Walking Away from a No-Hitter

Pitchers can get pulled from no-hitters for a variety of reasons, and fans find themselves trying to decide whether they should applaud the outgoing pitcher or boo the decision maker calling for the change. Babe Ruth (sort of) removed himself by punching an umpire one batter into a 27-up and 27-down game. Last year Clayton Kershaw was pulled from a perfect game after approaching a predetermined pitch count.

California Angels starter Mark Langston found himself in just such a predicament early in the 1990 season. On April 11th he pulled himself from the mound seven innings into a no-hitter. Baseball nearly went on strike for the 1990 season, only reaching an agreement weeks before the season was to start and resulting in an abbreviated Spring Training. Langston was worried about injuring his arm after not having his usual amount of time to prepare for the season. Going into the game he had set a personal workload limit of 5 innings. He got through 7 innings, but realized he was running out of gas with 6 more outs to go. Mike Witt, himself the author of a perfect game in 1984, was called in from the bullpen. He finished the game without allowing a hit, resulting in this unique card in the following year’s Donruss release.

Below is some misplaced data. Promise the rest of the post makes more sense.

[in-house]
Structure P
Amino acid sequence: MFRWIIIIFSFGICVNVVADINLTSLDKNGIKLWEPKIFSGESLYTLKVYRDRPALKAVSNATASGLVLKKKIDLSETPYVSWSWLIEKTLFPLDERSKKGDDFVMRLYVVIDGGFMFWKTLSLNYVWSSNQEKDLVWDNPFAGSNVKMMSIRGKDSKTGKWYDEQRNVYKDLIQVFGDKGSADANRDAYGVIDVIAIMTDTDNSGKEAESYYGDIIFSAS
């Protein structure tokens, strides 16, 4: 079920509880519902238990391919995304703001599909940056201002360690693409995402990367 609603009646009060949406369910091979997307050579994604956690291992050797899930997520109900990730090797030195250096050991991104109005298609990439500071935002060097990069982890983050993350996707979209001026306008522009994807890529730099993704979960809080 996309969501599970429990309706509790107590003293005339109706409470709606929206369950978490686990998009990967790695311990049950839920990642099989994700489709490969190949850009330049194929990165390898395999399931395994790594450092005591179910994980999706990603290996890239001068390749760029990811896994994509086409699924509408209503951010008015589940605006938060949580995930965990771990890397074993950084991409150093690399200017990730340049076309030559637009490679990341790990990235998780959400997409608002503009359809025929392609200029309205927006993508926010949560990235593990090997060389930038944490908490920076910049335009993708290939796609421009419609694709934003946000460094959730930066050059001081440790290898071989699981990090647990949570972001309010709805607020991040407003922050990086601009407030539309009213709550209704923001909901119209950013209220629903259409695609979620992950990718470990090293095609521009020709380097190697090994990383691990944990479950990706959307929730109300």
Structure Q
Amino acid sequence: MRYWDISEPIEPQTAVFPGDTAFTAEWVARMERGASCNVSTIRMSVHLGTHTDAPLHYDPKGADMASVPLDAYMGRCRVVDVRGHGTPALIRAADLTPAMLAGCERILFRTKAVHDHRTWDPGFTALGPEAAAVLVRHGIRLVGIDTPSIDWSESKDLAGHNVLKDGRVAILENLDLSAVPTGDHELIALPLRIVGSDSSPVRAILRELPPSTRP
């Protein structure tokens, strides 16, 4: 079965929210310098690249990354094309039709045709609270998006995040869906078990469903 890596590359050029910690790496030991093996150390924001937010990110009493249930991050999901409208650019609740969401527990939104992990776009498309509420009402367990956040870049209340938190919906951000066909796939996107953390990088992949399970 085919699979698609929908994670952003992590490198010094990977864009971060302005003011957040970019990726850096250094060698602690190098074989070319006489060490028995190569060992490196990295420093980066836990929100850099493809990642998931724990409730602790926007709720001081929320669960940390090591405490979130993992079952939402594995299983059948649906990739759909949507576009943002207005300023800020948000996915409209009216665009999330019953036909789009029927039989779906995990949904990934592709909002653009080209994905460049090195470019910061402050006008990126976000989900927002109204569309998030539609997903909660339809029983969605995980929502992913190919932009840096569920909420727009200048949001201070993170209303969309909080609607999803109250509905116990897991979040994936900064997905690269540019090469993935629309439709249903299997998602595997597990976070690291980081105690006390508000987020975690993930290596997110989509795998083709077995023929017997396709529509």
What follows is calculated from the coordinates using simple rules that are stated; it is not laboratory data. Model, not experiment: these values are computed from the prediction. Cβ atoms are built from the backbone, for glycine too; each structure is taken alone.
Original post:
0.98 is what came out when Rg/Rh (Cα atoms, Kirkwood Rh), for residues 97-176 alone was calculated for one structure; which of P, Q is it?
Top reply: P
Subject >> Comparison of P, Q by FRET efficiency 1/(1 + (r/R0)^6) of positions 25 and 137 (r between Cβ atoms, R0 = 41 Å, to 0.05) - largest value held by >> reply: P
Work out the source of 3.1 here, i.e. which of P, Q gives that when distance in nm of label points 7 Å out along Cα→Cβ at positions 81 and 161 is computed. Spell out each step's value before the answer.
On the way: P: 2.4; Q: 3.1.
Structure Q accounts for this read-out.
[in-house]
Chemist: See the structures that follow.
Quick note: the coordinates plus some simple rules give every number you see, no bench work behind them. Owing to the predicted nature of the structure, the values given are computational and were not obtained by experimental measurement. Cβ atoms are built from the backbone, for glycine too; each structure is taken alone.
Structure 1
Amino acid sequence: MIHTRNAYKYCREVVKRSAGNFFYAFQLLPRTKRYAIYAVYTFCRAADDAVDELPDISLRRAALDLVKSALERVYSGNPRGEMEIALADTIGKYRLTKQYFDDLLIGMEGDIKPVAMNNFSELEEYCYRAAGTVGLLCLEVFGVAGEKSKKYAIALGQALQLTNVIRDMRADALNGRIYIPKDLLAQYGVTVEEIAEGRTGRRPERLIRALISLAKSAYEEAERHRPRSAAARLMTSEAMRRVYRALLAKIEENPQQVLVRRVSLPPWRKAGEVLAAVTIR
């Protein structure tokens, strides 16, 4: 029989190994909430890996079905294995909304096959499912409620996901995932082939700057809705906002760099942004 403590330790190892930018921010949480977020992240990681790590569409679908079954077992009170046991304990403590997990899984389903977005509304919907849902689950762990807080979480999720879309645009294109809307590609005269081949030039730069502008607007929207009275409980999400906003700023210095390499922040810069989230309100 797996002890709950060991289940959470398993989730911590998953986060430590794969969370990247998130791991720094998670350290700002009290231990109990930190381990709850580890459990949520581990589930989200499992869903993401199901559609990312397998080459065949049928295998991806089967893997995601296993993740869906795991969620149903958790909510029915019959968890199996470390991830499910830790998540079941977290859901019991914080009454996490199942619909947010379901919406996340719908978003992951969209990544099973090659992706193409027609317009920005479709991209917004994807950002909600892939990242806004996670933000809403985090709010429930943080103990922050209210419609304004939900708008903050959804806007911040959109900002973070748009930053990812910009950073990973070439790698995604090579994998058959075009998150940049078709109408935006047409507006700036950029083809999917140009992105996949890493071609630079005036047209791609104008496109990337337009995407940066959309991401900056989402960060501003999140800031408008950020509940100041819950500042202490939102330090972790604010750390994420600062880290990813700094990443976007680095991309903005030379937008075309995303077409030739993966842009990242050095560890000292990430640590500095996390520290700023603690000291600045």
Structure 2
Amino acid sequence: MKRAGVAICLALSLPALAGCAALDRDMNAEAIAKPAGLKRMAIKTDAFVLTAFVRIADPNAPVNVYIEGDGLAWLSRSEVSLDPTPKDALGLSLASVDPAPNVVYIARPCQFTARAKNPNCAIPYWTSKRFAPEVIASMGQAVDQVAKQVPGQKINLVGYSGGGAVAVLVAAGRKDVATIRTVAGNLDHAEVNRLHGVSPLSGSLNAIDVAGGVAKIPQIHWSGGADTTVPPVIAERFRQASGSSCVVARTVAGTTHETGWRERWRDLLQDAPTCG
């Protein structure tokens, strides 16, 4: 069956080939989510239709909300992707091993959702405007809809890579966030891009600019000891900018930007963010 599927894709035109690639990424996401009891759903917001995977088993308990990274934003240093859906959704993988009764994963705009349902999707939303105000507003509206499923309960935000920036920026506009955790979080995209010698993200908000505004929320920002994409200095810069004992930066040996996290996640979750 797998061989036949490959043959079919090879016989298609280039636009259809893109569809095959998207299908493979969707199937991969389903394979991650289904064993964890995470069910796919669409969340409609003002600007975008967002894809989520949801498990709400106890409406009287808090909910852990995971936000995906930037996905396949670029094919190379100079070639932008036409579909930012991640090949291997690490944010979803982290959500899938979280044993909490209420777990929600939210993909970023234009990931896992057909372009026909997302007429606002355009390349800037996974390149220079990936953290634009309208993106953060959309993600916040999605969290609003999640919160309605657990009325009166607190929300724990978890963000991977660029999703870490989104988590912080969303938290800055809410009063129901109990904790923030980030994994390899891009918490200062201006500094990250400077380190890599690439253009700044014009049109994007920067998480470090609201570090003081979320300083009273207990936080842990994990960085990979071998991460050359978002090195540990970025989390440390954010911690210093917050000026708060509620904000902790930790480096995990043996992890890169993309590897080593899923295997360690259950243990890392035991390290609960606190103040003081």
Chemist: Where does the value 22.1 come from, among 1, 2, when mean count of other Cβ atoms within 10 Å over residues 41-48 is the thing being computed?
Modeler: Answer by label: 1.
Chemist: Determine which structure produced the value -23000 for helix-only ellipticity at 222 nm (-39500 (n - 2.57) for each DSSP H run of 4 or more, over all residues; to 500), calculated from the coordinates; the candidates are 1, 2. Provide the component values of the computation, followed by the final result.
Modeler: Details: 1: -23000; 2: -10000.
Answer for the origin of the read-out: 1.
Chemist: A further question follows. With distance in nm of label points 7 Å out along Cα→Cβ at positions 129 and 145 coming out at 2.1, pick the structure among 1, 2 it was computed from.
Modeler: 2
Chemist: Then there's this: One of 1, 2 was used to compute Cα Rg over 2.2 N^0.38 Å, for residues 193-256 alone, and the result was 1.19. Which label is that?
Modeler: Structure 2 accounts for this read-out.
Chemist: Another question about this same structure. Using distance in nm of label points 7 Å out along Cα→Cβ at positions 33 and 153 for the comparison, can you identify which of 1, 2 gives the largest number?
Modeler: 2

That Langston was involved in a no-hitter should not have come as a surprise. He logged substantial strikeout totals throughout his career, averaging 7.5 per 9 innings when such numbers were not the norm. He broke into the majors at the same time as Roger Clemens, yet it was Langston that took home the league strikeout crown in 1984, 1986, and 1987. This dominance made other teams take notice, prompting the Montreal Expos to trade Randy Johnson to the Mariners in exchange for Langston in 1989. That move worked out much better for the Expos, as Langston signed a new contract with the Angels and began his tenure with the team with the joint no-hit effort in his first game with the Halos.

Langston is portrayed delivering one of his strikes on the front of his 1993 Finest card. The pose works, but would have been even better if he had been shown making a move to pickoff a runner at first base. His left-handed delivery set him up perfectly to make last second pivots to catch aggressive baserunners. He retired with more pickoffs than anyone in the game’s history and still ranks inside the top five.